Breakfast at Namli Gurme Istanbul

Since the food at the Grand Hyatt Istanbul was subpar, we decided to venture out for breakfast at Namli Gurme on our last morning. A family friend who lived in the city recommended it. She proclaimed it to be the best place for a traditional Turkish breakfast. Situated in Karakoy, Namli was mostly frequented by locals and everything was fresh and delicious. While I personally wanted to try out Kale (where Bourdain goes, I will follow), I was curious about the rave review she gave Namli.

Namli Gurme Location

Namli is just a 10-minute drive from the Grand Hyatt Istanbul. It’s situated in a quaint little neighborhood on the Bosphorus.

Namli Gurme Istanbul Review Neighborhood
Namli Gurme Istanbul Neighborhood

The restaurant has an outdoor seating area, with a partial view of the water. Since it was a chilly day, we asked to be seated inside.

Namli Gurme Istanbul Review Bosphorus View
Bosphorus view at Namli Gorme

Namli Gorme Restaurant

The restaurant has an interesting set-up. It’s basically a grocery store with a seating area right in the middle. When you walk in, there is a dairy section to the left, a drink counter to the right, and a deli in the back. In between are long tables where patrons sit after placing their orders at the deli station. Drinks can be ordered from the wait staff.

Namli Gurme Istanbul Restaurant Review
Namli Gurme Istanbul Interior

Namli Gorme Breakfast

The breakfast at Namli wasn’t just delicious, it was super cheap. Each of us ordered some variation of shakshuka, which cost just $2.50 per person. After we sat down, our table was flooded with other items we didn’t order but that I guess were included.

They brought out two large plates filled with cheese, olives, and deli meat. Next came two mountains of bread. The best part was the qaimagh (clotted cream), served in a puddle of honey. Yeah, that tasted as good (and fattening) as it sounds.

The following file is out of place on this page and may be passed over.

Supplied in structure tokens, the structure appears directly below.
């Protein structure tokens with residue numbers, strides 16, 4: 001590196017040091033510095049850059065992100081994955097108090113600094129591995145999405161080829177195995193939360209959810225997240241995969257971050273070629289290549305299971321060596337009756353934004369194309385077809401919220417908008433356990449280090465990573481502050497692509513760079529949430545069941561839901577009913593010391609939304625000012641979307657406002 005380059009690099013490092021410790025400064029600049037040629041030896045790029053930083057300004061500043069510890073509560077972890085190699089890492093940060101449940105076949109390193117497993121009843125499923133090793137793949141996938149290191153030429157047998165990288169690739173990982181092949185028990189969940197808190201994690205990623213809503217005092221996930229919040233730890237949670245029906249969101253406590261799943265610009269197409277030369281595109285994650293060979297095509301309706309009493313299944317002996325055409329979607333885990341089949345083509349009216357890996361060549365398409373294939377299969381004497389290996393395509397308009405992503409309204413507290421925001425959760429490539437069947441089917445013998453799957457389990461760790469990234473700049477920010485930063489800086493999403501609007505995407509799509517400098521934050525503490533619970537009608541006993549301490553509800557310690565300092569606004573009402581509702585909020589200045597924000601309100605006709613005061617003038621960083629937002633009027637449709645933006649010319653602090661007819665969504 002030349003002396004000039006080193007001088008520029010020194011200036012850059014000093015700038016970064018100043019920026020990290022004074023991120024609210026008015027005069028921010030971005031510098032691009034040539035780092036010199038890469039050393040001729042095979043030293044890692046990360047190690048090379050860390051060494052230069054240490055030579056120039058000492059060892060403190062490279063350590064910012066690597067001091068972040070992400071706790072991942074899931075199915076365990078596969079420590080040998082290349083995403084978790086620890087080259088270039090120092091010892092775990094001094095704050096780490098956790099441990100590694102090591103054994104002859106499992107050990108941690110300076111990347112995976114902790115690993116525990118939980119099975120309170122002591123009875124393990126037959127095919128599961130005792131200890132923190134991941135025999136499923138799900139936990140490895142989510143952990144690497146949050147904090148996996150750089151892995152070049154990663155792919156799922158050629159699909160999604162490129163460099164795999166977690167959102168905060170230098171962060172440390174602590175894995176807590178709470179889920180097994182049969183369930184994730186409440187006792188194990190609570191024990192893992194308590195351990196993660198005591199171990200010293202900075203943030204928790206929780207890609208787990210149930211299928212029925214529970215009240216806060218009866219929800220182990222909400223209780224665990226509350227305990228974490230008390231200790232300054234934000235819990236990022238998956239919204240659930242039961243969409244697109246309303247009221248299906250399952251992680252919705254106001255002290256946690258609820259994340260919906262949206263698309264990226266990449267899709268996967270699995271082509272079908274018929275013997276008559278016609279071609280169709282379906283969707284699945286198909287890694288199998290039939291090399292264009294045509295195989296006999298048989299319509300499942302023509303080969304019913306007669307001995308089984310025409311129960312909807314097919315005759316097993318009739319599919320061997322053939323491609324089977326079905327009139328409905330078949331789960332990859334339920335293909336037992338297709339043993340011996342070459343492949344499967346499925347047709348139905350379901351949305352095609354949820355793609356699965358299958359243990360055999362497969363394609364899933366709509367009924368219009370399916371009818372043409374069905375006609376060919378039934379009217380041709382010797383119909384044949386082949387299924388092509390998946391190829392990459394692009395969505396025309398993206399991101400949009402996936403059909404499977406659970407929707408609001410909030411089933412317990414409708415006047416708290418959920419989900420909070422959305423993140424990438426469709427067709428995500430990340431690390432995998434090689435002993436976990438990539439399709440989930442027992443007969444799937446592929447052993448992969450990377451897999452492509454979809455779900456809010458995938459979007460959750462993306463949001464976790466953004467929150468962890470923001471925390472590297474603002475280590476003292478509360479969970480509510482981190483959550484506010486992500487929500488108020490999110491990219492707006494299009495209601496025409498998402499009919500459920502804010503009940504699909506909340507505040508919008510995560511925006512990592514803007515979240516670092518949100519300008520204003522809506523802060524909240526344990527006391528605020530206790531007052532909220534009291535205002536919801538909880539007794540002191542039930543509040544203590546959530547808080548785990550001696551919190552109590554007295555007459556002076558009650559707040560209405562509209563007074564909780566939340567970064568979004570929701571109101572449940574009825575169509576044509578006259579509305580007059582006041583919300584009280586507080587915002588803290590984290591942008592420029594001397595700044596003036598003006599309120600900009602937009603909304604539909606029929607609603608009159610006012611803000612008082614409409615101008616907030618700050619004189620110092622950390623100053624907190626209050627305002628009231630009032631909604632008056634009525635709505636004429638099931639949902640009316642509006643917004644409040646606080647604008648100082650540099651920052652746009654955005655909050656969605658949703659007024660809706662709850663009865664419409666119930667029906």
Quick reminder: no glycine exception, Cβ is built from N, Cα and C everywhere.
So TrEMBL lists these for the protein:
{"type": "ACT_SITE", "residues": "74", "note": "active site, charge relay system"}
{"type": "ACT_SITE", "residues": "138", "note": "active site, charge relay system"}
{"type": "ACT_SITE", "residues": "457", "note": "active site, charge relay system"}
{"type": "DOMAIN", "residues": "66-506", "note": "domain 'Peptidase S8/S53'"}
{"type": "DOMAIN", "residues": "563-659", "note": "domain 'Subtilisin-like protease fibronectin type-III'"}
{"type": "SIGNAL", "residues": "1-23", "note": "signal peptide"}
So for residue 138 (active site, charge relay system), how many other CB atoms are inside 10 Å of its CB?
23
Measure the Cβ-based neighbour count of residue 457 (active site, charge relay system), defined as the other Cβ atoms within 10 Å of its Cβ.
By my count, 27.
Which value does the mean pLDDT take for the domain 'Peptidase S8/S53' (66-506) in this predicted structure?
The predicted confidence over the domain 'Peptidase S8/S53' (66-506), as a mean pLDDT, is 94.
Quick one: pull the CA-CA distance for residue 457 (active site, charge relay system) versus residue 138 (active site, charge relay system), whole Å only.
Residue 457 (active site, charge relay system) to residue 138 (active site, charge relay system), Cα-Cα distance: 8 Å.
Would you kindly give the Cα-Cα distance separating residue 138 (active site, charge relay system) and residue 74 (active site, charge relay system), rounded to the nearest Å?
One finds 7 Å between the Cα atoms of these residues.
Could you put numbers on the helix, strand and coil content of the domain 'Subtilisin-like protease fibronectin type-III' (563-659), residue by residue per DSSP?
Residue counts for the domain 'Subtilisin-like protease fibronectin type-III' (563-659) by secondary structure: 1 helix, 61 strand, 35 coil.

Namli Gurme Istanbul Breakfast Review Shakshuka, Eggs, and Cheese
Namli Gurme Istanbul Breakfast: Shakshuka, cheese and deli plate, clotted cream

The food was fresh and the lattes would easily put Starbucks out of business. Everyone enjoyed their breakfast, though unfortunately, we ended up with a lot of leftovers.

Namli Gurme Restaurant Review Latte
Namli Gurme Restaurant Latte

The total for a breakfast for eight at Namli? 180 TL or about $27. I sh** you not, for the cost of coffee, eight of us ate like kings and ended up with leftovers.

Namli Gorme Service

The wait staff at Namli was great all around. Though they didn’t speak a word of English, we were able to communicate with them. Mostly via mispronounced words and Google Translate. They were very friendly and especially kind to the kids.

My experience here, among others throughout the city, made me realize how differently people react to kids in Turkey vs. the U.S. Kids are pretty much despised here – I feel like everyone rolls their eyes when families board a plane or sit down at a restaurant. And when you do see customer service providers interacting with kids, it’s in a very disingenuous, rehearsed kind of way. Most people here don’t seem to like kids or want to be around them. Turkey definitely seemed like a much more child-friendly place.

Final Thoughts on Namli Gurme